Your 2012 Non-Roster Invitees: Part 4
By Ashley Varela
With another round of cuts expected early next week, here are the last remaining non-roster invitees still hanging around the Giants’ major league camp. After reading up on them, I think I can safely say that one or two will be regulars in San Francisco within the next year or so.
A Double-A corner infielder, Chris was selected by San Francisco in the 3rd round of the 2009 MLB June Amateur Draft. He advanced to Richmond after three seasons in the lower rungs of the Giants’ farm system, finishing with 78 games at third base, a .932 FP, and a .222/.257/.354 batting line in 313 PA. In Cactus League play, Chris is 2-for-8 with 2 strikeouts, a single, and an RBI double.
The only non-roster shortstop left in Major League camp, Nick began his time with the Giants as a first-round draft pick in 2007. He climbed from Single-A San Jose to Triple-A Fresno in 2011, spending the bulk of his season in Double-A Richmond for a .215/.206/.292 line, .273 wOBA, and a high strikeout rate of 20.1%. Defensively, Noonan started 71 games for the Flying Squirrels, with 91 putouts, 198 assists, 9 errors, and 39 double plays for a .970 FP. Over 6 Spring Training games and 7 PA, Noonan is 1-for-4 with a double, 3 strikeouts, and 3 walks.
Finally, a name that should be ringing in the ears of Giants fans this spring. Gregor Blanco was acquired in the 2011 offseason to provide added depth in the outfield. Over the last six years, Blanco spent one full season in Atlanta and five seasons with the Braves, Nationals, and Royals Triple-A affiliates. In 2011, he put up a .203/.335/.343 line over 51 games, holding a walk rate of 15.0% and strikeout rate of 20.3%. He continues to impress in the Cactus League, and is currently 12-for-23 with 6 runs, 3 RBIs, 4 walks, and 6 stolen bases. Alex Pavlovic tweeted this during yesterday’s 2-2 tie with Cleveland:
"“Gregor Blanco just went first to third on a groundout to second base. Then scored on a groundout to SS. Welcome to the bigs, Gregor.”"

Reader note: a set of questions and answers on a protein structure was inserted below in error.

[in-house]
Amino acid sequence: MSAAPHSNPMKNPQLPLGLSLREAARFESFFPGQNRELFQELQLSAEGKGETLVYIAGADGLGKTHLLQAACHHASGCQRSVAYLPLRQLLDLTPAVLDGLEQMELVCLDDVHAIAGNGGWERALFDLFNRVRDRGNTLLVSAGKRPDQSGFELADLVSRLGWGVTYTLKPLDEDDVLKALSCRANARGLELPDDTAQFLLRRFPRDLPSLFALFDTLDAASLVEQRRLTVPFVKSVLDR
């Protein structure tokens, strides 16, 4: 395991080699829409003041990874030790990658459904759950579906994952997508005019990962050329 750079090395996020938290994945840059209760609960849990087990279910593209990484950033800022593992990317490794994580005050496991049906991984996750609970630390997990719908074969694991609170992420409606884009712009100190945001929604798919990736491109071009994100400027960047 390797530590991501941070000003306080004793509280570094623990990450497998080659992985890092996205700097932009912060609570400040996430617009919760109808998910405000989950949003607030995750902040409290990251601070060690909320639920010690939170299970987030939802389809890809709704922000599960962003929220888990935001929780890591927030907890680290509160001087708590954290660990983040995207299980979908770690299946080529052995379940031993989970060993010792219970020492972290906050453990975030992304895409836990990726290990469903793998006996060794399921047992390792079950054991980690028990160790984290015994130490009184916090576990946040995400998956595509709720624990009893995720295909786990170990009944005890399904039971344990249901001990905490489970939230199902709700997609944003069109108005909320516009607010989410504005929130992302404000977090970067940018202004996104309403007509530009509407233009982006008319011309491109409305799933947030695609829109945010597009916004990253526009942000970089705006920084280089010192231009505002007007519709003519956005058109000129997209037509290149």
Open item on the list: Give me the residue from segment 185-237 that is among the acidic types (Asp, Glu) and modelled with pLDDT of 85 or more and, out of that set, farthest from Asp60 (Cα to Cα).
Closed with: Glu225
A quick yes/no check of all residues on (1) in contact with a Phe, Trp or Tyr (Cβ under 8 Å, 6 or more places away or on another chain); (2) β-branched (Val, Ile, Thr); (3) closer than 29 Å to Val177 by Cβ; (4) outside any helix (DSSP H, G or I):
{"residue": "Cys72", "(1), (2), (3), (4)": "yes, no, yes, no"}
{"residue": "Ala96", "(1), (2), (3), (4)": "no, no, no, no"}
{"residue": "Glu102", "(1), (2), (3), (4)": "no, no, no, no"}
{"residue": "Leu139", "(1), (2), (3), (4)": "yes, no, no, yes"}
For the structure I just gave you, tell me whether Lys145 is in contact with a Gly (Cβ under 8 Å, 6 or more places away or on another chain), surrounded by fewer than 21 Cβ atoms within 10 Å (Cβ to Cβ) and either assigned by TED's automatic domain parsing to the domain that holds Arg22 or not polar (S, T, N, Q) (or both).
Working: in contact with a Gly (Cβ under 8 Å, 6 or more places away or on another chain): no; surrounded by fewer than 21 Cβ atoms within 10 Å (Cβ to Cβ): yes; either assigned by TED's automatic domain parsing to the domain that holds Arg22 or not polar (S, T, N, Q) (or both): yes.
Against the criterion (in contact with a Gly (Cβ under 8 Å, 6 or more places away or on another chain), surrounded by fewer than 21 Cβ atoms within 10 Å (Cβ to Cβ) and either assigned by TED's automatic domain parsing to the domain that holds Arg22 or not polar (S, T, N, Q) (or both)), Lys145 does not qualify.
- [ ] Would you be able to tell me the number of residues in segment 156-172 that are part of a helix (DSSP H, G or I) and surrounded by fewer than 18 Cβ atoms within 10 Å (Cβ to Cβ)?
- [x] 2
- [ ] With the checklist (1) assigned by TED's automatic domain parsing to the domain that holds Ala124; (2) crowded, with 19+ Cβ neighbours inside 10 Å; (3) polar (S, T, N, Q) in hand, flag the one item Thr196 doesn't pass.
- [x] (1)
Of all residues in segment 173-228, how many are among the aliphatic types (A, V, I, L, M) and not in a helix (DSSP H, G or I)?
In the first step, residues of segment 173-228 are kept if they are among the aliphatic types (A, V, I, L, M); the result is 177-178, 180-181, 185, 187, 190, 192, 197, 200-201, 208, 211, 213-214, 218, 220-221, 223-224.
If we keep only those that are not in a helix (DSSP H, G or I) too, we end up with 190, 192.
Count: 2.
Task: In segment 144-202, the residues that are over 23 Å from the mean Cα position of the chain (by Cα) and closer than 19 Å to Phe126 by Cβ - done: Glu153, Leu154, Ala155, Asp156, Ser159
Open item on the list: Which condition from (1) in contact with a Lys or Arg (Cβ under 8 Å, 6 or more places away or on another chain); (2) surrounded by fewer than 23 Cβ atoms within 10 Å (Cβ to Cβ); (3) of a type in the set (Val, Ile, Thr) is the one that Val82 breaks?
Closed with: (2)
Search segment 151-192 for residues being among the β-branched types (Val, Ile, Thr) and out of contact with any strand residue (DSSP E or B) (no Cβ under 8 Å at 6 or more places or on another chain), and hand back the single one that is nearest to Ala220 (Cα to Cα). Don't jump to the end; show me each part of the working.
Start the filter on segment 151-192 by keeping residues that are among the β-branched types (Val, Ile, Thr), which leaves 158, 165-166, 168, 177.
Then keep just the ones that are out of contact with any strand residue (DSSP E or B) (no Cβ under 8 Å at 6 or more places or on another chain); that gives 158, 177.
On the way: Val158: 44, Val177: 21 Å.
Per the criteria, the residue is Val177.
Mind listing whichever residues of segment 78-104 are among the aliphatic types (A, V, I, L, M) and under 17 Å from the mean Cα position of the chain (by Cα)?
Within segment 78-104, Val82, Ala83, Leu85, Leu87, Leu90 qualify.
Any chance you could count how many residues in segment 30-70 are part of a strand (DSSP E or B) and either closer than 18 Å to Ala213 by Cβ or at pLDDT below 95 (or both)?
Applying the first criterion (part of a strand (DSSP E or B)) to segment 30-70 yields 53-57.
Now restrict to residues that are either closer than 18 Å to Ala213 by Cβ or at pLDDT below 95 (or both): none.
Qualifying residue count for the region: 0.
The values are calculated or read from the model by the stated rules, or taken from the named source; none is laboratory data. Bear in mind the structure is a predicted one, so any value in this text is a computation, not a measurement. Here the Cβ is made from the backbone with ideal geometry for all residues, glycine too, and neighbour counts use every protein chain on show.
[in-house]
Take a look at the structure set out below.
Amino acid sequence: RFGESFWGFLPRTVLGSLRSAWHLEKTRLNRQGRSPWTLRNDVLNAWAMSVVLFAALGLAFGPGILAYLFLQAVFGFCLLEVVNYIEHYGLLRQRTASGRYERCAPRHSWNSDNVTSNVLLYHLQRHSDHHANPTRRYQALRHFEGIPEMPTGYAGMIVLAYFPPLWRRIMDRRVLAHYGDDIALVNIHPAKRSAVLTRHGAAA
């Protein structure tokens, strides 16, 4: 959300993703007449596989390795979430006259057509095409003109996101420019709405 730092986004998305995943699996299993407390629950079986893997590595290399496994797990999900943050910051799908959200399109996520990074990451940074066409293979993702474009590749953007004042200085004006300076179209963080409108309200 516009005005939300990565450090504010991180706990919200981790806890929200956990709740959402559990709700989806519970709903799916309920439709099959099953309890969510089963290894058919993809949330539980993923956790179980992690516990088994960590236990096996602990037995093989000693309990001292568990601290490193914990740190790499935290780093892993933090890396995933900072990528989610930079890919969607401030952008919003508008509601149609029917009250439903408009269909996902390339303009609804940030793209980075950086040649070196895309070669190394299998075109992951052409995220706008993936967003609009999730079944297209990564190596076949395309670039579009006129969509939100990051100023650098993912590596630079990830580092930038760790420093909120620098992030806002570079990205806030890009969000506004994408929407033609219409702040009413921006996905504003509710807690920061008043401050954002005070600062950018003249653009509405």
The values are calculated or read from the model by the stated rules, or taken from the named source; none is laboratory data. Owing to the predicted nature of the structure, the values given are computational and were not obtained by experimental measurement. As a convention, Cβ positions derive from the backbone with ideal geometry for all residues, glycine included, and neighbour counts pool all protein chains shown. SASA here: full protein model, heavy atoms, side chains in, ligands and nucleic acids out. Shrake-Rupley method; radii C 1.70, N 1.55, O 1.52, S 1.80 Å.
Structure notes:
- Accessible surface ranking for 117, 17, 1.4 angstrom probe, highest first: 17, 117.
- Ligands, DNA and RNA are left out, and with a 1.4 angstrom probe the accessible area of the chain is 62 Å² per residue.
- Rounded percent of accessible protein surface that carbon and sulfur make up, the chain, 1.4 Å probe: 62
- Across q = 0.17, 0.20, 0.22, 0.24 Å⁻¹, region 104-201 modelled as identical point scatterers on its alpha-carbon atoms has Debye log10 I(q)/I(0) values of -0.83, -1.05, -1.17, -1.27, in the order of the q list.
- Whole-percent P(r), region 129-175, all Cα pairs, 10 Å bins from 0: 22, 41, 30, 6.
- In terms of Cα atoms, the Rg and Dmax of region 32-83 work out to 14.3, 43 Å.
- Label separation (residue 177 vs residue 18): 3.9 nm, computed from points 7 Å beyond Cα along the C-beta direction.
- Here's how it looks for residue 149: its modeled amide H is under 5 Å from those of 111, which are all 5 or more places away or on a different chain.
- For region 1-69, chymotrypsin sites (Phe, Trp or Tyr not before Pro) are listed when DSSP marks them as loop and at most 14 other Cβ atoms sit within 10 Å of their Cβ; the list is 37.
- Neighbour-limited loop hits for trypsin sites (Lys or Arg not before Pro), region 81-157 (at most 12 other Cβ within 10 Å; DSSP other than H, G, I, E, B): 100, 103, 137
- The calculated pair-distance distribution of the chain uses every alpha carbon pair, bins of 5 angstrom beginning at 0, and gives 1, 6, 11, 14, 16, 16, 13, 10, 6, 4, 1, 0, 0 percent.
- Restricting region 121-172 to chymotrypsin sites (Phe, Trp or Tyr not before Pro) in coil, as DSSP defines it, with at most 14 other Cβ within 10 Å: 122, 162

Still have doubts? Check out Bryan’s thoughts on Blanco here.
Although he has the least amount of minor league experience under his belt, Brown has not flown under the radar of any Giants fan. He ripped up Single-A San Jose in 2011, batting .336/.407/.519, with a total of 188 hits, 115 runs, and 80 RBIs in 131 games. Over 120 games in center field, Brown contributed 254 putouts, 16 assists, 3 double plays and 3 errors for a .989 FP. He left the Arizona Fall League with a bad case of the flu, but has returned to participate in Spring Training, going 2-for-11 with a pair of singles, 3 strikeouts, and a stolen base.
Off the field, he continues to make a strong impression on those he meets. From Andrew Baggarly:
"Rookies are supposed to be seen and not heard, and Brown is being as dutiful as possible as he enters his second big league camp. But his is a spirit that can’t be bottled up.On a recent morning, Brown hustled through the clubhouse and walked past another speedy center fielder, Willie Mays. Most players are too intimidated to say anything to the Say Hey Kid, too awed by his regal presence and his status as the game’s greatest living player.“Hey there Willie!” Brown chirped, not slowing his pace."
San Francisco picked up outfielder Juan Perez in the 2008 MLB June Amateur Draft, sticking him in Low-A Augusta in 2009. By 2011, Perez advanced to Double-A Richmond, batting .256/.303/.381 in 131 games for 58 runs, 40 RBIs, and 22 stolen bags. He started 122 games in center field, accumulating 333 putouts, 9 assists, 4 double plays, and 8 errors for a .977 FP. Spring Training has brought Perez nothing but success, with a home run, triple, and stolen base in 6 PA. It’s my guess that his name falls pretty low on the list of outfielders, but with his speed and a little more minor league seasoning, he should work his way up to SF pretty soon.
2012 marks Christian’s tenth year in the minor leagues, and his second season with the Giants. After conquering the Double-A and Triple-A levels of the farm system, he cracked the 40-man roster for 18 games in September. In Fresno, where Justin played three times as much, he batted .336/.427/.571 with a .455 wOBA, picking up 57 runs, 33 extra base hits, and 36 stolen bases. On defense, Justin played the majority of his Double-A games in left field, his Triple-A games in right, and his major league games in center. Spring Training has seen him in left field for seven games, with no starts in right or center field. So far, he’s 4-for-14 with an RBI, a stolen base, and 3 strikeouts.